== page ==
Digging for History
Today the land is a cornfield, but 146 years ago, it was a battlefield.
Archaeologists Douglas Scott, Steve Dasovich, and their team use metal detectors to find what remains of Missouri's first major Civil War battle. They are hoping what they find will allow mid-Missourians to relive history.
"They can drive the Rocheport Road just as Sterling Price and Gov. Jackson were and Lyons the Federal Commander and all those folks. You can be on that same ground," said Scott.
The team started the survey Thursday morning and will continue through Saturday. So far, they've uncovered a lead ball, most likely a bullet and a buck shot. The archaeologists won't know for sure what the artifacts are until they take them to a lab in Nebraska to clean and analyze.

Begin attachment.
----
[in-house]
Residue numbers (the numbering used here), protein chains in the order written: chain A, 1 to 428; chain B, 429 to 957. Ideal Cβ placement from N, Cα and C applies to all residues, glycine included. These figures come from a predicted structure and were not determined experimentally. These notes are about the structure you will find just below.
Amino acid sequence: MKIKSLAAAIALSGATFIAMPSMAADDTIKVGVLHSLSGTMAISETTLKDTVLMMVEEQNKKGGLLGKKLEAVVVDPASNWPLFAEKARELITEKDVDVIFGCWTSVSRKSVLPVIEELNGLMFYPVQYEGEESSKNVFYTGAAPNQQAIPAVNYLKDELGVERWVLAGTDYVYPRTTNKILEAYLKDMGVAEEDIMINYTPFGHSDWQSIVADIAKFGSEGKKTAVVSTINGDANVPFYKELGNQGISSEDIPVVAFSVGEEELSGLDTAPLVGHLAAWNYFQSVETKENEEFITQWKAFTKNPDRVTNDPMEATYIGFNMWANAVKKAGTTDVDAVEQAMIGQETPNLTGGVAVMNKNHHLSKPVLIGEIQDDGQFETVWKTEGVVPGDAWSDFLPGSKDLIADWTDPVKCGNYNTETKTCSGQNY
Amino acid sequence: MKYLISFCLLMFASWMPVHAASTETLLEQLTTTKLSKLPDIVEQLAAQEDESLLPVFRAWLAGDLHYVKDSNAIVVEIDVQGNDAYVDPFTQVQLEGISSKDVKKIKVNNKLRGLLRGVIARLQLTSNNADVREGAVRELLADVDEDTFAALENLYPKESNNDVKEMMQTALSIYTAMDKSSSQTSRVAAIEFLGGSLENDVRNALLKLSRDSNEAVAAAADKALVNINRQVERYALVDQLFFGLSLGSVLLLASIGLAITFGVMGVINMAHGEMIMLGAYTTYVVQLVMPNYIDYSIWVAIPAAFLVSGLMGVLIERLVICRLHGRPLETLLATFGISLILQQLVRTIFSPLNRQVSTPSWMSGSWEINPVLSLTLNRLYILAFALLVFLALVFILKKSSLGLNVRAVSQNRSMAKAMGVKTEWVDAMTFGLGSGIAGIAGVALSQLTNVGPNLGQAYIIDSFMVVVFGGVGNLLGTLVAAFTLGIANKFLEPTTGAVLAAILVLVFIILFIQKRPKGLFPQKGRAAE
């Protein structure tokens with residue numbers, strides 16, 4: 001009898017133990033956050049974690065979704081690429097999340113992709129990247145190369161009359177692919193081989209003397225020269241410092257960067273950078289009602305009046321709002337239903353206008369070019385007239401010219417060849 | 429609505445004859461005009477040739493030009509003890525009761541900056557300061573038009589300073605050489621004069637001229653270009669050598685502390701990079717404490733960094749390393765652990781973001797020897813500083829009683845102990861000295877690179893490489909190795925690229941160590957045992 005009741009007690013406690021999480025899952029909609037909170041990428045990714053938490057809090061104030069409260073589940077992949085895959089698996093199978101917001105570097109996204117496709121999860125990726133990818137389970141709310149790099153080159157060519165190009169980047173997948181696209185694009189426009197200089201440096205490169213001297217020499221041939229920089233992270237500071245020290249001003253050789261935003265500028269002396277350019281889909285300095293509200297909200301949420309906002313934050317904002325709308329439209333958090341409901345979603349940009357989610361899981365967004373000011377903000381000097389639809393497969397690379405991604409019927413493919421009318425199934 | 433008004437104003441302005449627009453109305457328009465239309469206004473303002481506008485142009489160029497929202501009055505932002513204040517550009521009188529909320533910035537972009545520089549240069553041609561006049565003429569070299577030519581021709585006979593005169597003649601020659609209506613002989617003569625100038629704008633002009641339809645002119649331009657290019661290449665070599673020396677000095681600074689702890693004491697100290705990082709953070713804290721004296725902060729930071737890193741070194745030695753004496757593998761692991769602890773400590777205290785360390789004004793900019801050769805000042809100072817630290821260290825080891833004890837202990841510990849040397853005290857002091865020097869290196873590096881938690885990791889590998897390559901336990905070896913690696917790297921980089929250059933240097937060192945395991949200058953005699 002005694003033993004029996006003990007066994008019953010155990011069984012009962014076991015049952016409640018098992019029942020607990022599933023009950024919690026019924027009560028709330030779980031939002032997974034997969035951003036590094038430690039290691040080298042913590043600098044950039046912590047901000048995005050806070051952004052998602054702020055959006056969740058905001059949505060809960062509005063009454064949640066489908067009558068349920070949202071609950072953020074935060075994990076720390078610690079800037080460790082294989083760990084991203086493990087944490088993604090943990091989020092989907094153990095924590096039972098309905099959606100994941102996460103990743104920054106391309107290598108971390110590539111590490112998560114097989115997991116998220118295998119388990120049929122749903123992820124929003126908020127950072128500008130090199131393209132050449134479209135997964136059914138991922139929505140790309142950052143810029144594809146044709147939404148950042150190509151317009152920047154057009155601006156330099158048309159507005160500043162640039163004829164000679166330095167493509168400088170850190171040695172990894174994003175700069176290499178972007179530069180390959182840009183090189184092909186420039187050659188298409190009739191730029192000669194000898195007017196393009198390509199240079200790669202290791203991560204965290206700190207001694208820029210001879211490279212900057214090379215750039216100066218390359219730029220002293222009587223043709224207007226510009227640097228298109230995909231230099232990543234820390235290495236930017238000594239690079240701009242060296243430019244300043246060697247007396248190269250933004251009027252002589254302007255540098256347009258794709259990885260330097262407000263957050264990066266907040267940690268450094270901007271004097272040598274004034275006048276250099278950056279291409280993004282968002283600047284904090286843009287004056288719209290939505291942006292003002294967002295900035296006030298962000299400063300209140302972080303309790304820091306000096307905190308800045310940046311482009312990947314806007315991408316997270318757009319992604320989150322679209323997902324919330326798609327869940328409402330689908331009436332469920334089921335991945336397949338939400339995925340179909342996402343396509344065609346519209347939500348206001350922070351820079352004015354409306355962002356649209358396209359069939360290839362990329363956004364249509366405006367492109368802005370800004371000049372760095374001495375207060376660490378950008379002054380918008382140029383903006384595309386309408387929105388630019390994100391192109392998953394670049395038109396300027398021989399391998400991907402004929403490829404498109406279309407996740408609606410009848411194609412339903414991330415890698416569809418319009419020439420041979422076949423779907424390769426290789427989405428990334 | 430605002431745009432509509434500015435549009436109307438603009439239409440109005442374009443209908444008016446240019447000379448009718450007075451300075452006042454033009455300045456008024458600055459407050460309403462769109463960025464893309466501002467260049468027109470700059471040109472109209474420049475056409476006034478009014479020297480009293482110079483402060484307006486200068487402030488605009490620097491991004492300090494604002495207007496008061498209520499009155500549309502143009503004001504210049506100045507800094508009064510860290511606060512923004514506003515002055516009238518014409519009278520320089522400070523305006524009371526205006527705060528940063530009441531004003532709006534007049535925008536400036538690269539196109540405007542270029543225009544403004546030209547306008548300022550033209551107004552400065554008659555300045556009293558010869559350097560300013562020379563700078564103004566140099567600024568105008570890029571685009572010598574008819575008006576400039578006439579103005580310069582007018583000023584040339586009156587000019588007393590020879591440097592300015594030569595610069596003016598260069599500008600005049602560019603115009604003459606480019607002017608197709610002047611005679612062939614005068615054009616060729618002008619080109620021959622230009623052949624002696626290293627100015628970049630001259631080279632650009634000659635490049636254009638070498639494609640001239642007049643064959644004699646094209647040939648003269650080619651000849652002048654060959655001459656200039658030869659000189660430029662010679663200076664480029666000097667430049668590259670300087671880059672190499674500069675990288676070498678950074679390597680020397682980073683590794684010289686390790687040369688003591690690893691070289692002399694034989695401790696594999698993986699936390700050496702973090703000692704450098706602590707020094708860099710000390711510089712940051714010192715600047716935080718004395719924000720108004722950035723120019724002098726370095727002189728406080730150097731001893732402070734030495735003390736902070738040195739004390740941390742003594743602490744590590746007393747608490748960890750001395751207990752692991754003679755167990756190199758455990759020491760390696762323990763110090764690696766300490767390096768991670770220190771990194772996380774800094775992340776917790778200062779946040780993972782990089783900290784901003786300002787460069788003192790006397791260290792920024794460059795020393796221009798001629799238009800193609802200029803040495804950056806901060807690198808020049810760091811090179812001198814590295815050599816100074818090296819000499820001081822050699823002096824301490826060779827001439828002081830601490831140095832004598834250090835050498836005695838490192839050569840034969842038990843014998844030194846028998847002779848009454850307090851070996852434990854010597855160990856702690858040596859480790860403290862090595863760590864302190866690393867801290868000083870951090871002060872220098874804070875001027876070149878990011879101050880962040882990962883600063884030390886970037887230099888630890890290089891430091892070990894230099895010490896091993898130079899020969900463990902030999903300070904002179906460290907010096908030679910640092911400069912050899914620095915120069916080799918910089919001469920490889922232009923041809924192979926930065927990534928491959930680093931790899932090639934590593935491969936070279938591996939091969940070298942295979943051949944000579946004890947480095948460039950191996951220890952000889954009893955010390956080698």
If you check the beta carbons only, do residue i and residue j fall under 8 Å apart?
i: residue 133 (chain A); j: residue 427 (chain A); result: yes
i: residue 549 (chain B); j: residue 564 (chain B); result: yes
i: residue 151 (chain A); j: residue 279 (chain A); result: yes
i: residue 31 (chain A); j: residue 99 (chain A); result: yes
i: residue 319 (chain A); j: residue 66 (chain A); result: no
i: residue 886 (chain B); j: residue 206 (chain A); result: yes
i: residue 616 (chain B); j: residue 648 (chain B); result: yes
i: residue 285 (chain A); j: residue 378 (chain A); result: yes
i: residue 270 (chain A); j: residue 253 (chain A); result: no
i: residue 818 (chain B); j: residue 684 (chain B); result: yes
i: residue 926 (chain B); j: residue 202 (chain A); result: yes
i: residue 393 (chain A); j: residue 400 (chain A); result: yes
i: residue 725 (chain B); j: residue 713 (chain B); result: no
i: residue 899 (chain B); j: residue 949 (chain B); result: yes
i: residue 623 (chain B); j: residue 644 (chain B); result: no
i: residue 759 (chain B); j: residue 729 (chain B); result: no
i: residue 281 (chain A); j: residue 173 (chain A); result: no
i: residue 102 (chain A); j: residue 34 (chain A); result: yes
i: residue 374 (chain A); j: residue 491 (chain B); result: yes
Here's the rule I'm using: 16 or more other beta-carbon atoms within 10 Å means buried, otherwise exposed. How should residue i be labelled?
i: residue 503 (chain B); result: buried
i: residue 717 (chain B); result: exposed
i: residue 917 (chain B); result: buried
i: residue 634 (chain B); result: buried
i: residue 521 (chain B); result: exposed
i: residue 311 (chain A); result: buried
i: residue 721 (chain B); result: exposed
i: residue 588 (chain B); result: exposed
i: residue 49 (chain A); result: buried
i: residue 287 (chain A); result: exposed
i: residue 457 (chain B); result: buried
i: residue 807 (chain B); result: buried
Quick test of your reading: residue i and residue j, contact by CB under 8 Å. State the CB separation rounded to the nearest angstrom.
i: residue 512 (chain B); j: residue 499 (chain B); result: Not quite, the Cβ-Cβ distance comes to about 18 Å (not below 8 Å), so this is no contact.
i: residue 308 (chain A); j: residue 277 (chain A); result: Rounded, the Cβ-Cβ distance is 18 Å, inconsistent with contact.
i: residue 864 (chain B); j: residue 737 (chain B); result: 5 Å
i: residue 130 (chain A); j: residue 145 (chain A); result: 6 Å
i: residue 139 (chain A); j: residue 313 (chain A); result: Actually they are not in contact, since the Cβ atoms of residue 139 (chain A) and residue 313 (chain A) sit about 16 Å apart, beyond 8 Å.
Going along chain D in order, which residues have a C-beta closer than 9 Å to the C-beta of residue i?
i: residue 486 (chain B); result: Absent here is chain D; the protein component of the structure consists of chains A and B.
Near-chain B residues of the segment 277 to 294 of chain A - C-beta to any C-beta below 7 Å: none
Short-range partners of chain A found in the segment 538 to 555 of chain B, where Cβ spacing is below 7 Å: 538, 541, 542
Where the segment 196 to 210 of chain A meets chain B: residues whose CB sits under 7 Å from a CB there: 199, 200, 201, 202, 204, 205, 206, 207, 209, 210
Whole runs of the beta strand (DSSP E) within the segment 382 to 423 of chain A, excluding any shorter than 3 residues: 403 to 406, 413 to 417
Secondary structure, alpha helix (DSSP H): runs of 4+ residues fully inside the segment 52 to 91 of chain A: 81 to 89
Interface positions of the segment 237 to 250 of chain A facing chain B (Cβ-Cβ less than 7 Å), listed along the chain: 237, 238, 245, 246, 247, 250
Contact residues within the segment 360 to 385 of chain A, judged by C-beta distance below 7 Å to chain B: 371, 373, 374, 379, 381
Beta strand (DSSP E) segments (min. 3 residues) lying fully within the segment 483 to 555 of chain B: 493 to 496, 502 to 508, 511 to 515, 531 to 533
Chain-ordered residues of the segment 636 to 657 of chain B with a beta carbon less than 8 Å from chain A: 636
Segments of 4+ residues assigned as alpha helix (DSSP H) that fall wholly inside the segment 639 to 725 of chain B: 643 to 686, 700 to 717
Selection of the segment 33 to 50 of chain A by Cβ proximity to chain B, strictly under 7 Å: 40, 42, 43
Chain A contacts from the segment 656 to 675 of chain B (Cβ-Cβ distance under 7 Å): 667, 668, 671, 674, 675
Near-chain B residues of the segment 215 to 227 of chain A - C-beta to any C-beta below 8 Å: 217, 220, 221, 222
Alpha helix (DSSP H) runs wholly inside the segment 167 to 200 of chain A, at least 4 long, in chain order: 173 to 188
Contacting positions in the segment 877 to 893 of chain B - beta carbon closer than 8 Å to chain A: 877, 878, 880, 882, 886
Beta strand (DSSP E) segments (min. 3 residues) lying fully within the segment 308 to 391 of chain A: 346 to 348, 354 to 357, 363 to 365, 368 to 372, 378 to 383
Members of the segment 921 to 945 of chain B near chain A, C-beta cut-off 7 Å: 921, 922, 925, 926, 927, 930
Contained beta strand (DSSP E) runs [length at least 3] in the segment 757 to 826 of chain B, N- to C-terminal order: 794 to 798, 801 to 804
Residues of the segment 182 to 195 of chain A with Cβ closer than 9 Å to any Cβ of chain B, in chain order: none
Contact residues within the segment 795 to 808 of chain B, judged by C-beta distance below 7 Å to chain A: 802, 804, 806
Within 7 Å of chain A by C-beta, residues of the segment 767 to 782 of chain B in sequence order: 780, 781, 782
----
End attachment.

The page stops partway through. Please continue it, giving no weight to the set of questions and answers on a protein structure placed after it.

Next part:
The crews came out Thursday to survey and find out the possible boundaries of the Boonville Battlefield, which could amount to 500-600 acres. Using a G.P.S, Scott and the team can map each artifact within two inches of where they find it, creating a large map of the area to form boundaries. If they find enough evidence to establish boundaries, street signs could indicate the historical significance of the site. This in turn could give people a fresh look into the past.
"The old saying that if you forget your history and forget about the mistakes that were made, you're bound to do them over again. So yes, I think it's very important to understand our history," explained Jack Change of the Missouri Civil War Heritage Foundation.
Although today was mostly a day of false starts, it's important to remember the Civil War itself and how the events in Boonville may unfold slowly before history is made.
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